BOSSIP: We noticed you guys offer secure credit cards as well. Are those rates reasonable? We’ve heard negative things about the rates for prepaid cards and Rush cards
TW: The difference between a prepaid card like a Rush card and a secured card, is a secured card can actually help you rebuild your credit, because we report to the credit bureau unlike the Rush card. In addition we don’t charge all of those fees that prepaid cards charge. Our interest rate is a reasonable rate for someone who doesn’t have great credit – cause that’s why you’d get it, to improve your credit. And it’s a fixed rate. A lot of banks that offer these secured cards have a variable rate which can go up, but our rate is fixed.
I think another thing that is important for our community is we need to start to trust each other. We are FDIC insured. People can put their money in the bank and not have to be concerned about it’s safety. We offer online banking and mobile banking.You can pay by text with us. You can take a picture of your check and deposit it. People think ‘oh the bank’s Black, I have to accept less services,’ when the reality is we actually have better services than most banks. So we as a community have gotten to a point where we actually do offer things that are better for our community than others, but we’ve come from a history of not trusting each other and we do have to get over that.
BOSSIP: What is the fee to have a checking account with One United?
TW: With a direct deposit it’s free. Same with savings. No limit on transactions per month. And like I said we have wonderful services. We have free online banking, we bill pay, we have great customer service. If customers are having an issue they can call us, send us a message. People have even sent us messages on Facebook and we’ve gotten right back to them. We also offer interest bearing checking accounts. Now the amount you have to deposit is higher, but we offer one of the highest interest rates on a checking account in the country.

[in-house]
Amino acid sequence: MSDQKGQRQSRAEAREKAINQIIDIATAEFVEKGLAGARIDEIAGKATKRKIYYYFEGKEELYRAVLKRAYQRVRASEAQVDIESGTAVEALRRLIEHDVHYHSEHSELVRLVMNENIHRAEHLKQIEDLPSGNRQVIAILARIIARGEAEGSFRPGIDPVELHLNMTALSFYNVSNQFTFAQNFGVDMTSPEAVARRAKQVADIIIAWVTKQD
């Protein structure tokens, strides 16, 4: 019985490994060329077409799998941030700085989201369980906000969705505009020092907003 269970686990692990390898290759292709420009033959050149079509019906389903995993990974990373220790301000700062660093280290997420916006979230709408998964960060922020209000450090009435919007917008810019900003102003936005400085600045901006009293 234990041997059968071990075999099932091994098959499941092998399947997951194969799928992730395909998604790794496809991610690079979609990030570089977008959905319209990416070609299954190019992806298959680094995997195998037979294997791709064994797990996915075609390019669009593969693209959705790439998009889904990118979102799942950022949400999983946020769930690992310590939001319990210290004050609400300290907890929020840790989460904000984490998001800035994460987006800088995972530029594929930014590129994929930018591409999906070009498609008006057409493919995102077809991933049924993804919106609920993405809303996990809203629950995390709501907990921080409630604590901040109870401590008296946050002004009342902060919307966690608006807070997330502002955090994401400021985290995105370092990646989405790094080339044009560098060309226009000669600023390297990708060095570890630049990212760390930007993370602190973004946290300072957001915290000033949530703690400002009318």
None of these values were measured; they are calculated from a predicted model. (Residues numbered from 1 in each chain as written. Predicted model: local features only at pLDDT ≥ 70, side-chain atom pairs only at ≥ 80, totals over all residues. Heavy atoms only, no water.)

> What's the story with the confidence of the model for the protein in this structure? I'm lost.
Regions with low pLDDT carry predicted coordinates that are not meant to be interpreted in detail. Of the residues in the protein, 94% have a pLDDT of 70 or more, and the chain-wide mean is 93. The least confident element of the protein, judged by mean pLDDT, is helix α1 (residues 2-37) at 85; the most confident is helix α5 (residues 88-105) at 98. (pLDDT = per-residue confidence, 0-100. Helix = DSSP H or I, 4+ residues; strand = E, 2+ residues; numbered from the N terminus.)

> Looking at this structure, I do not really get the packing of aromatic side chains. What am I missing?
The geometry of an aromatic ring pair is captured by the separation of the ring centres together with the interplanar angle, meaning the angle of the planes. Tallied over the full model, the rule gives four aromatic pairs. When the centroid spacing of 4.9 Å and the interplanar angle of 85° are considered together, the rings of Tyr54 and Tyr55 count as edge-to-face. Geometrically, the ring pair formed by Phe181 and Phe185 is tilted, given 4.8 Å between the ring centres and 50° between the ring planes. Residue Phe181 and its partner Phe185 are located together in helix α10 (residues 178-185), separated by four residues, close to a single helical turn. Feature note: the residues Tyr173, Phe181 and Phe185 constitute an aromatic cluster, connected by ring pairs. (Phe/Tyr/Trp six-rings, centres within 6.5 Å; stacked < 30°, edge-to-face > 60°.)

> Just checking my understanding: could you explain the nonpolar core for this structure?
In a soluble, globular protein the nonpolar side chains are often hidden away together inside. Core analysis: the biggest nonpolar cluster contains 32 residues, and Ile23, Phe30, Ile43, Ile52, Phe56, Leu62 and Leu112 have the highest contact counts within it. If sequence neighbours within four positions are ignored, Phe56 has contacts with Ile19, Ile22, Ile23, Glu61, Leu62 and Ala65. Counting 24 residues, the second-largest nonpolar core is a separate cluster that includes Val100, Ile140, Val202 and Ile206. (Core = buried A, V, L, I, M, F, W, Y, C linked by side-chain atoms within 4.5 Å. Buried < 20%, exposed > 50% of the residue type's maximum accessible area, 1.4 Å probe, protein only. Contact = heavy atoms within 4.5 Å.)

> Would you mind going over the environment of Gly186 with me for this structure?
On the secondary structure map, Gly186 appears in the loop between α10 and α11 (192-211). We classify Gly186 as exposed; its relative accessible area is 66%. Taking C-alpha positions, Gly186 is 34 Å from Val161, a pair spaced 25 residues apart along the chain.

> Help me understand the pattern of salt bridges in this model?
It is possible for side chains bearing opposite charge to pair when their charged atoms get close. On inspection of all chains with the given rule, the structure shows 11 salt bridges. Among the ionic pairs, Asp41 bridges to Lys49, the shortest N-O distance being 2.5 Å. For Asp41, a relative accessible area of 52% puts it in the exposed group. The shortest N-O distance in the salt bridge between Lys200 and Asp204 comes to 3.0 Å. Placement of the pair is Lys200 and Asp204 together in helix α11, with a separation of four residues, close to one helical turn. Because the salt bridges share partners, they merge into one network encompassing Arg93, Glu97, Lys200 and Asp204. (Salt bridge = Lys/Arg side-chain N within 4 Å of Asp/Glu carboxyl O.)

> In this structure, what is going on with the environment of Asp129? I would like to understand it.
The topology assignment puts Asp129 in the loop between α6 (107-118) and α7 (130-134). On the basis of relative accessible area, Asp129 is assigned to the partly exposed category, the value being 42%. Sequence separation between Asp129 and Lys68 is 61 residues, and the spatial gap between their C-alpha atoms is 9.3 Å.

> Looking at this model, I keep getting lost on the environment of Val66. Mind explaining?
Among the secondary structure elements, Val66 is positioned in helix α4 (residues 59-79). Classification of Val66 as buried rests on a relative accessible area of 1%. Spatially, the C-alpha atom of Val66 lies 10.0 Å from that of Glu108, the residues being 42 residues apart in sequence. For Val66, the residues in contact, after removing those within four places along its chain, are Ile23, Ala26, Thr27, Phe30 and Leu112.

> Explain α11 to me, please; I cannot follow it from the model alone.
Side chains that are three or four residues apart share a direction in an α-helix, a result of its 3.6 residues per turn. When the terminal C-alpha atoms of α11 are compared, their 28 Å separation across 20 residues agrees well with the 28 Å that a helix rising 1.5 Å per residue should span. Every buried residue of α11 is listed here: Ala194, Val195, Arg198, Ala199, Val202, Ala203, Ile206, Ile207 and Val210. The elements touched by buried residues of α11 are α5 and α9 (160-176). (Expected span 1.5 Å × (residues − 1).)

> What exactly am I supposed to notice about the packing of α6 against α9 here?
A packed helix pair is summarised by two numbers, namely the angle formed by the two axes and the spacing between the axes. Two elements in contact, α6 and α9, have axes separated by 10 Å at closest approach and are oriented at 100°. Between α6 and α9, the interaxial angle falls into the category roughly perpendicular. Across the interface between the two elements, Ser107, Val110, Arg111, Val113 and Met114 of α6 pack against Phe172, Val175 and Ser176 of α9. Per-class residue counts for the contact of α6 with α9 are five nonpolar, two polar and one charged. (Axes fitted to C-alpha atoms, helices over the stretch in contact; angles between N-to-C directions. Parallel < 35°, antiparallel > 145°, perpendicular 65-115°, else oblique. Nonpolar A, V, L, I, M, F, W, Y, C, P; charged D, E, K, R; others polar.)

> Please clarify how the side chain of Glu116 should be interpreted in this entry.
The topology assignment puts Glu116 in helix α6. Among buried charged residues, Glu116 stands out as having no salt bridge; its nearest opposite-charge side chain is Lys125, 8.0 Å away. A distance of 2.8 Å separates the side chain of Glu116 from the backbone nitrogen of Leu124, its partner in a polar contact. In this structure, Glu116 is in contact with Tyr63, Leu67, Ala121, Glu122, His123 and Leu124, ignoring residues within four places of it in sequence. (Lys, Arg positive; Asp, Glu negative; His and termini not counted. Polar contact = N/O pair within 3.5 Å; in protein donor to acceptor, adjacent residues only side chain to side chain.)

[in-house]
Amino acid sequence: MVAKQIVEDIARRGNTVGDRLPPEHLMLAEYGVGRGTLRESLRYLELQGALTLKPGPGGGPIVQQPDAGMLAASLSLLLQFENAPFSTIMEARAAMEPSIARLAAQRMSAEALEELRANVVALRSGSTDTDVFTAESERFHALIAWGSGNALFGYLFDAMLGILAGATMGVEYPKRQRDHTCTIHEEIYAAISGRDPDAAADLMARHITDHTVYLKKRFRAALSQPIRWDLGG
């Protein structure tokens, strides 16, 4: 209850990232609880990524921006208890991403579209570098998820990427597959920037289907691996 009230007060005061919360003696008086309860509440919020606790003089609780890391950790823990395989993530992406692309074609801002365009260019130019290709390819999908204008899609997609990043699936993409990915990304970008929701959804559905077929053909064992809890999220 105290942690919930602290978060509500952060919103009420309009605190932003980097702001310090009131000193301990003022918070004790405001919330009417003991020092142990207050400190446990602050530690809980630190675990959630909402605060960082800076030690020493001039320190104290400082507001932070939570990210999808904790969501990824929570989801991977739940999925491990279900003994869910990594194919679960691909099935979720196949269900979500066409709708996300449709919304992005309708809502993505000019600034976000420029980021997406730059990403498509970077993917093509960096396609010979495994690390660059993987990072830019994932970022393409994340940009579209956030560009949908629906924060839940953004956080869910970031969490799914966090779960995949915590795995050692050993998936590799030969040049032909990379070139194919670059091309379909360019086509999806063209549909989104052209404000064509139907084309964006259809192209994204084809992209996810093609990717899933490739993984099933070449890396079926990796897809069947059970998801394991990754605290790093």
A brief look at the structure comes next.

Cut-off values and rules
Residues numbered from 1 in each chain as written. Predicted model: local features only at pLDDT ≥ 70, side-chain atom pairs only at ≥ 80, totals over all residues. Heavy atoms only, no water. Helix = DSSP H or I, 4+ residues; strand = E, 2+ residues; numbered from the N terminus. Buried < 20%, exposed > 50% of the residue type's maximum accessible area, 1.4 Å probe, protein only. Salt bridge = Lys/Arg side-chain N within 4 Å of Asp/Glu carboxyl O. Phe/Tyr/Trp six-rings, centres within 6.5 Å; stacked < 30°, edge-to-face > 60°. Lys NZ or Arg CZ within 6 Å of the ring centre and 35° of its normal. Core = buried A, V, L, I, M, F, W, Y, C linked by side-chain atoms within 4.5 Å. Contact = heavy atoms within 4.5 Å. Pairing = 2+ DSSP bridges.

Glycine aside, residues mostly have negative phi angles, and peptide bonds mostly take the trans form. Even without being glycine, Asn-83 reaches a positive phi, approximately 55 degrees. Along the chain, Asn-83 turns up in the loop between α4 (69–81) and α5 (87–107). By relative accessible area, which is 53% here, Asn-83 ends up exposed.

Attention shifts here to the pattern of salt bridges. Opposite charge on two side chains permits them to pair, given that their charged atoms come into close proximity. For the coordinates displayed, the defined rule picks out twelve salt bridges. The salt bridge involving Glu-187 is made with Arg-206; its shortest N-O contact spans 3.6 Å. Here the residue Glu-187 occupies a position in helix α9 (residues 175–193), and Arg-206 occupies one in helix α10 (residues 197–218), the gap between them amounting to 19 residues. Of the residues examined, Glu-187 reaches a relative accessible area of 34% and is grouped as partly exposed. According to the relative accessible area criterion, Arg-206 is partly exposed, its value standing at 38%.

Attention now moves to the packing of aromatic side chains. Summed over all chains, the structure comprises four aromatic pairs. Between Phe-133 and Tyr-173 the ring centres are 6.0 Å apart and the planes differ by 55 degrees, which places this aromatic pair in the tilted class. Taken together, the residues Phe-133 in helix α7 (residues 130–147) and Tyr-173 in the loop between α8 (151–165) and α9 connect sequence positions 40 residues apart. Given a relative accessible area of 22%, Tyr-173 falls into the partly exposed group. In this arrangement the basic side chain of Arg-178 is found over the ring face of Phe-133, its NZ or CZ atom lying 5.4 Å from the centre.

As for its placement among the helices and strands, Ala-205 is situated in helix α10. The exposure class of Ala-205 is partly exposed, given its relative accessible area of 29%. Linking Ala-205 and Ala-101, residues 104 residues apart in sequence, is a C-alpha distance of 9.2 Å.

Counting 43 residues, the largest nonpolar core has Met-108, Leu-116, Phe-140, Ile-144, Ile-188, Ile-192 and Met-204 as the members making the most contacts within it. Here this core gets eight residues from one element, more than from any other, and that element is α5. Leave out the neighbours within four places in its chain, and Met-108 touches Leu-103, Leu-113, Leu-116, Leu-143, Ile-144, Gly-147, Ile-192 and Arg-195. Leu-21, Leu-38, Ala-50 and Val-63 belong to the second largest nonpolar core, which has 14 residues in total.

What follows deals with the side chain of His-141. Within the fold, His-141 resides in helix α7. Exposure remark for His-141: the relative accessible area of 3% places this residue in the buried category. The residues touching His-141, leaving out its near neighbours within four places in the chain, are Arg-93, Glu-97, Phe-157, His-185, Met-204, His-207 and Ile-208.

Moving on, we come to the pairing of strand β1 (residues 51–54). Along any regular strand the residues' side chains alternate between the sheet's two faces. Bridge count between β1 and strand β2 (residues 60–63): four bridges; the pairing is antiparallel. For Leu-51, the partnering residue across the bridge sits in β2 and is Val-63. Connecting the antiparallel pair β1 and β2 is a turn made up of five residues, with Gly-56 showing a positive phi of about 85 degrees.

BOSSIP: When it comes to the other black owned banks is there any type of community organizing with each other?
TW: Yes. The National Bankers Association is a trade organization that is really for minority banks, but it includes all of the black banks, and we meet regularly, at least once a year, but sometimes two or three times a year. So we all know each other. And we’ve all been doing this for many years. Most of the black banks were created during the civil rights era when other banks used to not work with us at all. This idea of banking black and garnering our spending power and channeling it back into our community is age old. You can go back to Marcus Garvey. Our civil rights leaders have been talking about this for decades. It’s just now we have the technology to actually do it. So now if you’re black in America but you live in a small town, you can still bank black.
BOSSIP: What would you advise someone who doesn’t live in a city where there is a local black bank?
TW: Go to OneUnited.com and open up an account to participate in this movement. It’s very simple. You can open up a savings account and deposit $100. And if we can get a million of us to do that, that’s $100 million dollars. So that’s a great way for people to participate. It’s easy to do. FDIC insured. And become a part of what I’m calling this Black Money Matters Movement.
BOSSIP: Just one last question for people who still might be hesitant. The number of black banks has decreased from 48 to 21. Is it decreasing because they weren’t FDIC insured or the doors are actually closing because they don’t see the business?
TW: No one has lost money by banking with a FDIC insured bank. There’s no way to lose your money by putting your money in a black bank. We are all FDIC insured. So that shouldn’t be a concern, that should really be off the table. Your money is safe. Banks in general have declined and consolidated. One United Bank is actually four banks that have been rolled up to be the largest black owned bank. So banks are consolidating. Some of them are closing but when they do, people don’t lose their money.
What do you think about Ms. Williams’ answers? Have you started banking black yet? Do you plan to?